When RNase P is used as a marker for internal control, all clinical samples should display fluorescence amplification curves in the RNase P reaction that cross the threshold line within 40.00 cycles (<40.00 Ct), hence representing the presence of the human RNase P gene.[31] The most valid positive result is when the internal control and the SARS-CoV-2 markers exhibit amplification. If the internal control does not produce a positive result but the two SARS-CoV-2 markers are positive, the result is considered valid. However, if the two SARS-CoV-2 markers and RNase P are negative, the result is invalid for that specimen.[31] The test can be repeated if there is available residual specimen and after the repeat, if the markers remain negative, the result is reported as invalid and new specimen should be collected if possible.[31]

Test result interpretation

All controls should be observed before interpretation of test results. If the controls are not valid, the results cannot be interpreted. The positive result for SARS-CoV-2 is detected when at least two different targets of the virus are amplified where at least one target is specific for the SARS-CoV-2[31] and if only one region is positive, the result needs to be re-tested.[12] Different Ct cutoff values for both positive and negative results are used in different SARS-CoV-2 RT-PCR assays. For example, a multiplex qPCR diagnostic kit amplifies internal control, ORF1ab, and N genes at HEX, FAM, and ROX channels, respectively, and cutoff Ct values for positive are ≤40 for the trio. If only the ORF1ab or N gene is amplified (Ct ≤40), the sample is considered suspected. When neither the ORF1ab nor the N gene is amplified (Ct >40 or no signal), the sample is considered negative.[20] Low Ct values are indicating high viral load and can be used as a signal for possible transmissibility.[12] [Figure 3] demonstrates a characteristic positive amplification with Ct <40 for both the SARS-CoV-2 markers and the internal control.
Figure 3: Positive amplification curve of ORF1ab (Ct = 32.37), N gene (Ct = 33.64), and internal control (Ct = 34.22) using VIC, FAM, and Cy5 channels, respectively, run on a BioRad CFX96 qPCR instrument. RFU = Relative fluorescence units. qPCR – Quantitative polymerase chain reaction

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Postanalytical phase

Postanalytical is the final phase of the testing process in which results are evaluated before release. It is critical as errors generated during this phase may render all the efforts made during the preanalytical and analytical phases futile.

Result evaluation, preparation, release, and document archiving

Results are evaluated against the laboratory internal quality controls using standard operating procedure (SOP) by authorized personnel before release. The test result is prepared according to the format adopted by the laboratory. There must be documented procedures for the release of result including who may release the result and to whom.[34] In epidemiological surveillance settings, results are always released to the common national or local public health office through print or electronic means. All copies of results generated are properly archived for easy future retrieval.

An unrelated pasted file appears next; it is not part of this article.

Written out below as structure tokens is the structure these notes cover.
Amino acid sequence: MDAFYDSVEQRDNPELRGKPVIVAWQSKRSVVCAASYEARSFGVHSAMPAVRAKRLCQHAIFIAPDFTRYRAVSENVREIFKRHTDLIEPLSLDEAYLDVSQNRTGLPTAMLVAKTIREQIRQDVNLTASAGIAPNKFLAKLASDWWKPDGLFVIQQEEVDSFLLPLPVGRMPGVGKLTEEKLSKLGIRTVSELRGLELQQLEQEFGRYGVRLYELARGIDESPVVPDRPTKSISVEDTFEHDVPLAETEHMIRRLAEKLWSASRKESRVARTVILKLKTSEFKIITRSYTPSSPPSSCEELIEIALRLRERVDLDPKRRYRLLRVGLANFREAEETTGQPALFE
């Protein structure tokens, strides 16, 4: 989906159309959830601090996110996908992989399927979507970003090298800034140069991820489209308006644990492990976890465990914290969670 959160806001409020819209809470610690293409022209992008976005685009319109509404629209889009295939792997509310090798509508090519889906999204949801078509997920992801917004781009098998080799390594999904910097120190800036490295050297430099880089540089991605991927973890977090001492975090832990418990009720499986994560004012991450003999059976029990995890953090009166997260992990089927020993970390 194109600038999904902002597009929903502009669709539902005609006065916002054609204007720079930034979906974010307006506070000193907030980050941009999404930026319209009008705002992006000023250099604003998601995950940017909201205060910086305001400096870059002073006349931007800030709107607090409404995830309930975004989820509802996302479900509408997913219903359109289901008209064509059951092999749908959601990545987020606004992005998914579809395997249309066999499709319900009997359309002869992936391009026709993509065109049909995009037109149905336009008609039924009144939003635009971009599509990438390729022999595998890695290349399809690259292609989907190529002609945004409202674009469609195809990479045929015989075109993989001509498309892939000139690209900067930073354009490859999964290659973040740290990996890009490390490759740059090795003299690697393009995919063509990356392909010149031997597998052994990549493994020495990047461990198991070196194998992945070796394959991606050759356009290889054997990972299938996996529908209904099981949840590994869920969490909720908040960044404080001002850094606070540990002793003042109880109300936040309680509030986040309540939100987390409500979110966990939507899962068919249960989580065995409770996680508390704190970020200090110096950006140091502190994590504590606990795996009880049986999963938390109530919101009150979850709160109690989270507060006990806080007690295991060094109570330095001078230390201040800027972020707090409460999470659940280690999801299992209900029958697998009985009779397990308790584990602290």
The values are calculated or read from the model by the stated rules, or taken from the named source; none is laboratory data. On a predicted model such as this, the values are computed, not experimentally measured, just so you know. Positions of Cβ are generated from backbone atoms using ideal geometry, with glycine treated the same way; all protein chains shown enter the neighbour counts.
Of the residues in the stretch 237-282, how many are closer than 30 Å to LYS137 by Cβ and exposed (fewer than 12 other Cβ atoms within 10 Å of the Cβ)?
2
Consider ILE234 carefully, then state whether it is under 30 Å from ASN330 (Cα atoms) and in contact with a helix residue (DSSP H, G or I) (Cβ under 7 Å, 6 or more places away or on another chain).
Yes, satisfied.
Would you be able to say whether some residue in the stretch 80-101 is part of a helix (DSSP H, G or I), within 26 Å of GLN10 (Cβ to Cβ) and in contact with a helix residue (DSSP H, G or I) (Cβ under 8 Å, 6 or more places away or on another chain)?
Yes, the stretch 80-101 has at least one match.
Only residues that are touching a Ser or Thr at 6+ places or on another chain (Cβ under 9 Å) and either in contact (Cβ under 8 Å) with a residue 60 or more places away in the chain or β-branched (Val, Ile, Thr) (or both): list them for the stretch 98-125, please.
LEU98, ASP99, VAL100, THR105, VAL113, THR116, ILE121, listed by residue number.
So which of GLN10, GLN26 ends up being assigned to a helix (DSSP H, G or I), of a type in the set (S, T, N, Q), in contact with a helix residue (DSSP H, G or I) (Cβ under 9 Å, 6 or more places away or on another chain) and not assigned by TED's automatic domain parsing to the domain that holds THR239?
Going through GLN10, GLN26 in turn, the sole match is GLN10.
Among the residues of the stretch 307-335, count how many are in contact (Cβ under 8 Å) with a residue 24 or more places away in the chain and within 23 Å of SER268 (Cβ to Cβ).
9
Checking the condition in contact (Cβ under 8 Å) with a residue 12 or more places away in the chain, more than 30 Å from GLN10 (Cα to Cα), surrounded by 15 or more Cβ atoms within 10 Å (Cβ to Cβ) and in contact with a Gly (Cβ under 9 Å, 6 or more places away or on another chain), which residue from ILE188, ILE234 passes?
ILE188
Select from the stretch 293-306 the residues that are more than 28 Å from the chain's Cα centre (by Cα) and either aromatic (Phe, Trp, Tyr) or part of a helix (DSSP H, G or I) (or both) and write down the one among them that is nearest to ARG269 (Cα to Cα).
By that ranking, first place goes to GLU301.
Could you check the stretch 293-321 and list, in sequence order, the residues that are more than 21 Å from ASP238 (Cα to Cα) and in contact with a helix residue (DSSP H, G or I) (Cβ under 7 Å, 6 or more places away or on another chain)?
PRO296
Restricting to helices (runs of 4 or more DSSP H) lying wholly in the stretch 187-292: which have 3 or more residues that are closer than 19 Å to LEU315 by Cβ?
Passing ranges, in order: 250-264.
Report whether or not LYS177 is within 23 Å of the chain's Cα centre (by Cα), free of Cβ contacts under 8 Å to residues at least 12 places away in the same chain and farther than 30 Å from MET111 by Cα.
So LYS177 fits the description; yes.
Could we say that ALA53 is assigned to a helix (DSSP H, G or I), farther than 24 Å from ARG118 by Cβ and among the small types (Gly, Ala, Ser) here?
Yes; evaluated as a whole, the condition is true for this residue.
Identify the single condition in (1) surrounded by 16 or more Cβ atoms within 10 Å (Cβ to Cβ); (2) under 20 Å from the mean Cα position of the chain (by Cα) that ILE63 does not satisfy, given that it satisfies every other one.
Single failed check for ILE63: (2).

The format for reporting results should be sustained and have inherent attribute that will help to avoid transcription errors.[34]

Storage, retention, and disposal of clinical samples

Many laboratories aliquot inactivated samples in duplicates or triplicates for the immediate diagnostic test and possible future research work. The laboratory should have SOPs for identification, collection, retention, indexing, access, storage, maintenance, and safe disposal of samples.[34] Every laboratory should define the length of time that samples are to be retained. Retention time is usually defined by the nature of the sample, the examination, and any applicable requirements.[34]

Biosafety and containment requirements for working with SARS-CoV-2 suspected respiratory samples

Laboratory biosafety is the term used to describe the containment principles, technologies, and practices that are implemented to prevent unintentional exposure to pathogens and toxins or their accidental release.[35],[36] The need for implementation of biosafety measures cuts across the three highlighted phases of testing. Every laboratory setting up for SARS-CoV-2 testing should conduct a local risk assessment for each of the steps involved in the sample workflow. Potential hazards identified should have appropriate risk control measures which must be implemented.[37] Laboratories should have policy on safety such as safety manual and implemented by strict adherence to the safety SOPs. Staff must be well trained on the biosafety of working with the virus and become acquainted with all the biosafety measures. These requirements often pose significant challenges for laboratories in resource-challenged settings.

All guidelines for infection prevention and control for aerosol-producing procedures must be observed during sample collection from the patients. In addition, all requirements for good microbiological practice and procedure should be strictly followed during sample collection and subsequent laboratory analysis.

Health-care personnel collecting the samples should wear complete PPE (N95, overall gown, disposable gloves, safety goggle, face shield, etc.).[9] Biosafety is enhanced when the sample collector is assisted by an associate who is also kitted with the PPE. Proper and sequential doffing of the PPEs after sample collection is important to avoid self-contamination. A triple sample packaging system (the UN3373 P650 packaging instructions) should be adopted for the transportation of samples to the testing laboratory.[9]